Rumors of a possible Chapter 11 bankruptcy filing have swirled around EME for much of this year. In a November 15 filing with the U.S. Securities and Exchange Commission, EME disclosed it elected not to make $97 million in interest payments that were due on unsecured EME bonds maturing in 2017, 2019 and 2027. Those unsecured bonds generally provide for a 30-day grace period for interest payments before a default is deemed to have occurred, the company said.

“If the interest payments are not made prior to the expiration of the grace period on December 17, 2012, then generally either the trustee or the holders of not less than 25% in aggregate principal amount of the bonds may declare the entire principal amount of the bonds and the interest accrued thereon to be due and payable immediately,” EME said.

In such an event, EME said, it likely would file bankruptcy.

In a subsequent SEC filing on November 21, EME said discussions were ongoing among several parties, including itself, its parent, California-based Edison International, and EME’s noteholders “regarding potential restructuring transactions of EME.”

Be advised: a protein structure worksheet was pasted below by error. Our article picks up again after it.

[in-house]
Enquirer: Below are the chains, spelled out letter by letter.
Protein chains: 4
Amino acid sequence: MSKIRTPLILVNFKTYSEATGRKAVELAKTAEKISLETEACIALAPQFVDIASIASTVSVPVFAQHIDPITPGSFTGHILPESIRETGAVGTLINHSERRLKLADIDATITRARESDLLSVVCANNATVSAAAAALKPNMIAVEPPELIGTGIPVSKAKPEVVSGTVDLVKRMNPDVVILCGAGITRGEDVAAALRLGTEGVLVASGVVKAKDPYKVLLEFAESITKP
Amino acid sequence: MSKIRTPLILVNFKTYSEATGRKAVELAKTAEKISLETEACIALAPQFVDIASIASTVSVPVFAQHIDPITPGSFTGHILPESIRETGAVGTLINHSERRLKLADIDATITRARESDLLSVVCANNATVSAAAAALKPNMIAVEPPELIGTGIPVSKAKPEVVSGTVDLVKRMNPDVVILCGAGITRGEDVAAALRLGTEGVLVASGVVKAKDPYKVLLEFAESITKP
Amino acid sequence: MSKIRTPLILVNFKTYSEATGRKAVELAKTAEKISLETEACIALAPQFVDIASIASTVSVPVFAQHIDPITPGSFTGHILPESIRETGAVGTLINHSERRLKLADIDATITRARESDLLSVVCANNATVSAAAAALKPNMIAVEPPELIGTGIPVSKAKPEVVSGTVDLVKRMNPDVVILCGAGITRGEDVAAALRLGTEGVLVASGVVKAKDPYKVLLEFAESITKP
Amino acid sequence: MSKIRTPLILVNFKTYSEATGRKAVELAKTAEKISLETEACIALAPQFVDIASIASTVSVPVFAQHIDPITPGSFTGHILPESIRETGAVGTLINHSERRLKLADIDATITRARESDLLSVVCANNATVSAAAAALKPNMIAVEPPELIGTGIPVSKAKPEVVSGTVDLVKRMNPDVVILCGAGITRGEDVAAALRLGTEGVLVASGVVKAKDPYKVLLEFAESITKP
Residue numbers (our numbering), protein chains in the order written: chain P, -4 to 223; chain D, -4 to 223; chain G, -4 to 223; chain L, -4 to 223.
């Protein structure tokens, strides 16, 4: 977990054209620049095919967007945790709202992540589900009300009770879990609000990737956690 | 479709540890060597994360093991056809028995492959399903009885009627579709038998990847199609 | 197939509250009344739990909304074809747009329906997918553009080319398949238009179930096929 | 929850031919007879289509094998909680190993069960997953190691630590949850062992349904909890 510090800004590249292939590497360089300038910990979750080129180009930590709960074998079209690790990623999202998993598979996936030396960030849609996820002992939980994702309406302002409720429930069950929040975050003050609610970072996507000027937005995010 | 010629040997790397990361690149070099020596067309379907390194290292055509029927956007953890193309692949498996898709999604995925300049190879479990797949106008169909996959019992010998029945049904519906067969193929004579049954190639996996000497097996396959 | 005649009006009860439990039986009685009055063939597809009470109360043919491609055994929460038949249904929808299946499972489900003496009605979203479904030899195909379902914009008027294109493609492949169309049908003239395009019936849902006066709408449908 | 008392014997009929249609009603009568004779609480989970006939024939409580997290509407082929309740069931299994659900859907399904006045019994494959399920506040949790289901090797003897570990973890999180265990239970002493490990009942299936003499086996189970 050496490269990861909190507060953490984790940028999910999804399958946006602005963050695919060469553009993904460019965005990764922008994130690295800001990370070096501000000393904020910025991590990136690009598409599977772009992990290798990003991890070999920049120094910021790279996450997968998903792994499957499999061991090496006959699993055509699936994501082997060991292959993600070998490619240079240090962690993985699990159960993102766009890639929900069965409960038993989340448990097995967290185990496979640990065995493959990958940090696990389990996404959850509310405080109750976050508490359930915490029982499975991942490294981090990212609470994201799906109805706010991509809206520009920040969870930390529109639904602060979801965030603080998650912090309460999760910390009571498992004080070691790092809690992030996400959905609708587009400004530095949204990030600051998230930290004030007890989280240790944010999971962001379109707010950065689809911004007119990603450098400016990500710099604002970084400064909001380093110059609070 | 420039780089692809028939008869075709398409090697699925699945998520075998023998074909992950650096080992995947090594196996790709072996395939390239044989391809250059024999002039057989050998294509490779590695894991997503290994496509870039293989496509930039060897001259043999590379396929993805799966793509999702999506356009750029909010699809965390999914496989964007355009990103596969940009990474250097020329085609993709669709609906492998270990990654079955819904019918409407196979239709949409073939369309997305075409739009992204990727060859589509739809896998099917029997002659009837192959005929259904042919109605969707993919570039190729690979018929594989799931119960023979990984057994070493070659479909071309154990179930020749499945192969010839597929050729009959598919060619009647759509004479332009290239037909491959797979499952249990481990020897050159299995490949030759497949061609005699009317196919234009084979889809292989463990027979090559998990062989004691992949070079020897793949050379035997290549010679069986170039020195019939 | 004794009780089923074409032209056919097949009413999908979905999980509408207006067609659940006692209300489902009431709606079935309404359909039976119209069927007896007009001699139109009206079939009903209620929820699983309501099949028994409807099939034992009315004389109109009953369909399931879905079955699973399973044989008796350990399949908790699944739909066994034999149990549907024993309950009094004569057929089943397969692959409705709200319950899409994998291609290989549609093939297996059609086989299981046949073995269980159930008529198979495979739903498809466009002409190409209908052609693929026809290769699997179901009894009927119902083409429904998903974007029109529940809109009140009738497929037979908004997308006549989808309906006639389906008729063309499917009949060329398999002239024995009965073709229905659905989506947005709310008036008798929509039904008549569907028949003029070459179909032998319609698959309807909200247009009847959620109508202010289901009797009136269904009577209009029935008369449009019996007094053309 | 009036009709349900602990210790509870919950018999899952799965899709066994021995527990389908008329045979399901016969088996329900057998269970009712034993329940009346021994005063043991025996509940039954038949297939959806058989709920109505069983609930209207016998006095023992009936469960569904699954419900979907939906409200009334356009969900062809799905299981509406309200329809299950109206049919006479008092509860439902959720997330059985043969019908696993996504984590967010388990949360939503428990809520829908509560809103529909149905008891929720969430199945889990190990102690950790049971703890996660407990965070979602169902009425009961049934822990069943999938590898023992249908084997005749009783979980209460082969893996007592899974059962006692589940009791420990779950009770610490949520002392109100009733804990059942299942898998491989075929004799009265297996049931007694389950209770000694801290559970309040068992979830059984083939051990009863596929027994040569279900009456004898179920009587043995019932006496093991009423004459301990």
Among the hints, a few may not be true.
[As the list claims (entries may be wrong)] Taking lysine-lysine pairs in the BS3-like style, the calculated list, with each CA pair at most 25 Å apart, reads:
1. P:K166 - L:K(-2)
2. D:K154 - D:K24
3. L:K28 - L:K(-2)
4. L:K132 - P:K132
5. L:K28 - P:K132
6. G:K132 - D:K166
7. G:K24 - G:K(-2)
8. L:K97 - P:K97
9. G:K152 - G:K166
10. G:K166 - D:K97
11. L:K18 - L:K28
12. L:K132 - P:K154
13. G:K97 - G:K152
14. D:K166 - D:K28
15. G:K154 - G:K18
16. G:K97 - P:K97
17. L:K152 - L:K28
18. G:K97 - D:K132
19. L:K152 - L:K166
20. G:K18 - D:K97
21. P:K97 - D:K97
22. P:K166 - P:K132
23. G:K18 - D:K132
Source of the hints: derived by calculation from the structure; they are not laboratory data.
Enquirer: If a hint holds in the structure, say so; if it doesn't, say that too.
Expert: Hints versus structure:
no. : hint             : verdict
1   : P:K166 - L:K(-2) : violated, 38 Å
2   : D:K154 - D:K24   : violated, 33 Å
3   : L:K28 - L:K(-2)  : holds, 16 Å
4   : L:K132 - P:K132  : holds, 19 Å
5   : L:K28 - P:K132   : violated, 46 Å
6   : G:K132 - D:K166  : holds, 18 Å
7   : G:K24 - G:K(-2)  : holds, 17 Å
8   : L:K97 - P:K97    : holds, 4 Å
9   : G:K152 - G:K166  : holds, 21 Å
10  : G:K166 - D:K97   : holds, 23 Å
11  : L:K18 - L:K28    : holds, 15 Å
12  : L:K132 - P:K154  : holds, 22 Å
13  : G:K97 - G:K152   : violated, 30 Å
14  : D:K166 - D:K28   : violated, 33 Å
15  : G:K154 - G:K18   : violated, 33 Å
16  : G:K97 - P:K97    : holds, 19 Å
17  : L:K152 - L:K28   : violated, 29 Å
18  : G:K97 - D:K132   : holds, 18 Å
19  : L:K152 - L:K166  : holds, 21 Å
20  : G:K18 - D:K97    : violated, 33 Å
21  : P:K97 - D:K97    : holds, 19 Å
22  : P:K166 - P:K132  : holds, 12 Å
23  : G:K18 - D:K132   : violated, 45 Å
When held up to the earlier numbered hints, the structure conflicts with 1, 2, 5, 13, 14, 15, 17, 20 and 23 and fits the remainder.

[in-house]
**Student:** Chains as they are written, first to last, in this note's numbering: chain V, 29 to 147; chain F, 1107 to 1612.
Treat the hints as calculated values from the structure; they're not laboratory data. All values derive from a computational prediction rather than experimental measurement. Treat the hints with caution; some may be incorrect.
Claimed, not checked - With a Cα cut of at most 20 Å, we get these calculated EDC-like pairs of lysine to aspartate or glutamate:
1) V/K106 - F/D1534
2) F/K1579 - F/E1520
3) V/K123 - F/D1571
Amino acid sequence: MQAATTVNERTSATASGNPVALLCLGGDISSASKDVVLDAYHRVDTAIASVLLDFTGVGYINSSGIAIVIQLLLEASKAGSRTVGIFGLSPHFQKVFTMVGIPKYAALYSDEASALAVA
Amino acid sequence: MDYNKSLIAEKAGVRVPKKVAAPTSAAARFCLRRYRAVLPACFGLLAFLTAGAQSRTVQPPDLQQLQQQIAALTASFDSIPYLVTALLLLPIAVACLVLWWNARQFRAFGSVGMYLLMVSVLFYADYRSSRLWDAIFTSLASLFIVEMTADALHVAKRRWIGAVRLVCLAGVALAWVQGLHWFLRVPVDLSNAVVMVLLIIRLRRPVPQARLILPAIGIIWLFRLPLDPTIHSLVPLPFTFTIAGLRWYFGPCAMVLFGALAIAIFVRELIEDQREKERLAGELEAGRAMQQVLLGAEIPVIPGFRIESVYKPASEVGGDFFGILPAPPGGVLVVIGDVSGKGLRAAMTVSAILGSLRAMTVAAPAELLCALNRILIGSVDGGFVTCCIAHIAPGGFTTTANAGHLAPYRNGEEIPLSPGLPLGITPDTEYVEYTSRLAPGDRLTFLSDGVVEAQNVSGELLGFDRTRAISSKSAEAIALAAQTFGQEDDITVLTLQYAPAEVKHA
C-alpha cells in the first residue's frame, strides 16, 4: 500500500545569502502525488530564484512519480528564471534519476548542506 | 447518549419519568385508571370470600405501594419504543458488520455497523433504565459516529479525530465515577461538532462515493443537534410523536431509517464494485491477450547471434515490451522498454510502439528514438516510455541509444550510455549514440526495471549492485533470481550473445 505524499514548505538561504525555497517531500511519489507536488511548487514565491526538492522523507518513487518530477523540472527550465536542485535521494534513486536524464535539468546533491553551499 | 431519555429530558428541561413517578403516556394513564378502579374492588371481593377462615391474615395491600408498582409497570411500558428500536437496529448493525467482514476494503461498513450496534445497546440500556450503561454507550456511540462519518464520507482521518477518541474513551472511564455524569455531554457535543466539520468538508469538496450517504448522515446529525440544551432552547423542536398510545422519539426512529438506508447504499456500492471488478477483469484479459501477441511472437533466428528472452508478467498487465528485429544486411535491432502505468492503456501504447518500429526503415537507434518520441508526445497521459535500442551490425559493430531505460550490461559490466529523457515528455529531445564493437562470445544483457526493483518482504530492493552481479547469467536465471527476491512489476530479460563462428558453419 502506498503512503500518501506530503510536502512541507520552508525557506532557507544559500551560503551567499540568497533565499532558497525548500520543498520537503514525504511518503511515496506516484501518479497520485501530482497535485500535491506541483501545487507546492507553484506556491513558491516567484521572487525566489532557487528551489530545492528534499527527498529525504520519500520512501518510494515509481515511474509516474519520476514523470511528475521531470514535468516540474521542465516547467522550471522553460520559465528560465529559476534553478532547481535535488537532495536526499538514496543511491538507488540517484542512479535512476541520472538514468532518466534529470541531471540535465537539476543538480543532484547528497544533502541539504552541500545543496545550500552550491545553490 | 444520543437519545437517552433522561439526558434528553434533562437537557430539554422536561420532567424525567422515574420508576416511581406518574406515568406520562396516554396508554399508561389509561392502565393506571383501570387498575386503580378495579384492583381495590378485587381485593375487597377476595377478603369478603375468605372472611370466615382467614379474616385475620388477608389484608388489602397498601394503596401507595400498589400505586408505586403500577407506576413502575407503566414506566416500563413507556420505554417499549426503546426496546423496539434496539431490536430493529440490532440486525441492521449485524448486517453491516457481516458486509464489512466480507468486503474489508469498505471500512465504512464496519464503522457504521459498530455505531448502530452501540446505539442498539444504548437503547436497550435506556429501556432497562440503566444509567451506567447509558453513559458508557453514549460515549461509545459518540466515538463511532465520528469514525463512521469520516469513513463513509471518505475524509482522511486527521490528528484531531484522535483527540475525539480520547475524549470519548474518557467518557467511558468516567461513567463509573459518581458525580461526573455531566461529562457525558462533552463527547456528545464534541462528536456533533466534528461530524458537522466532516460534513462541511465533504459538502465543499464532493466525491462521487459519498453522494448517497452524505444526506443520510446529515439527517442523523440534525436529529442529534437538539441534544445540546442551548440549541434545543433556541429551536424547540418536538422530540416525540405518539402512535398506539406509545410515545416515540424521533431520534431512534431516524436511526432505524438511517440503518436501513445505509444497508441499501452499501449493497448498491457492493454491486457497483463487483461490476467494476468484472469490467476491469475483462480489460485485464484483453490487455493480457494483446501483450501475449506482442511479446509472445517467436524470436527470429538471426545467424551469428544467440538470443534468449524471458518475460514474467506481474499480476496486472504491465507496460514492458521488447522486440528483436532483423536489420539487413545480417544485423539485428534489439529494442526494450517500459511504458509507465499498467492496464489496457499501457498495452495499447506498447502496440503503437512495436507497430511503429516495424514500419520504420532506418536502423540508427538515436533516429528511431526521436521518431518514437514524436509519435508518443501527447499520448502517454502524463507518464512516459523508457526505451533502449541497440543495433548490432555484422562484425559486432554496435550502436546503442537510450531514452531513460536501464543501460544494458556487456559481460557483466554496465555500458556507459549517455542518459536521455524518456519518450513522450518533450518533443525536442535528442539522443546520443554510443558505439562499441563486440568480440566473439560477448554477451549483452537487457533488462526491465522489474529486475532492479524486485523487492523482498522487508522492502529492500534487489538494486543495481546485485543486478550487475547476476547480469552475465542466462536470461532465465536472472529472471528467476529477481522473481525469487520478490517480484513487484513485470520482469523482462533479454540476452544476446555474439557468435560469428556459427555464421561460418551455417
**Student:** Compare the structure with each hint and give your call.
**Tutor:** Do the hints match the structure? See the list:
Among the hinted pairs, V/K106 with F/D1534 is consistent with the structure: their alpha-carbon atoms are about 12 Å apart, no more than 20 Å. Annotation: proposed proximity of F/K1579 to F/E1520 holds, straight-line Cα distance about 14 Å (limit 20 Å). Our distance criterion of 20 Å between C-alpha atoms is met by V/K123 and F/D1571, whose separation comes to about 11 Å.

Midwest Gen has indicated that if a bankruptcy petition is filed, its four remaining coal plants in northern Illinois—Joliet, Powerton, Waukegan and Will County—probably would continue to operate. In September, the company decided to shutter its Fisk and Crawford coal plants in Chicago earlier than planned under a deal brokered by Chicago Mayor Rahm Emanuel.

Over the next several years, Midwest Gen is facing the expenditure of several hundred million dollars to install pollution controls on the four operating plants to meet government mandated air quality regulations. Midwest Gen is a merchant generator, meaning it sells electricity from the plants into the wholesale market. The company has been hurt by low power prices that have dogged the wholesale market for months.

Altogether, the four plants generate more than 4,200 mw of electricity.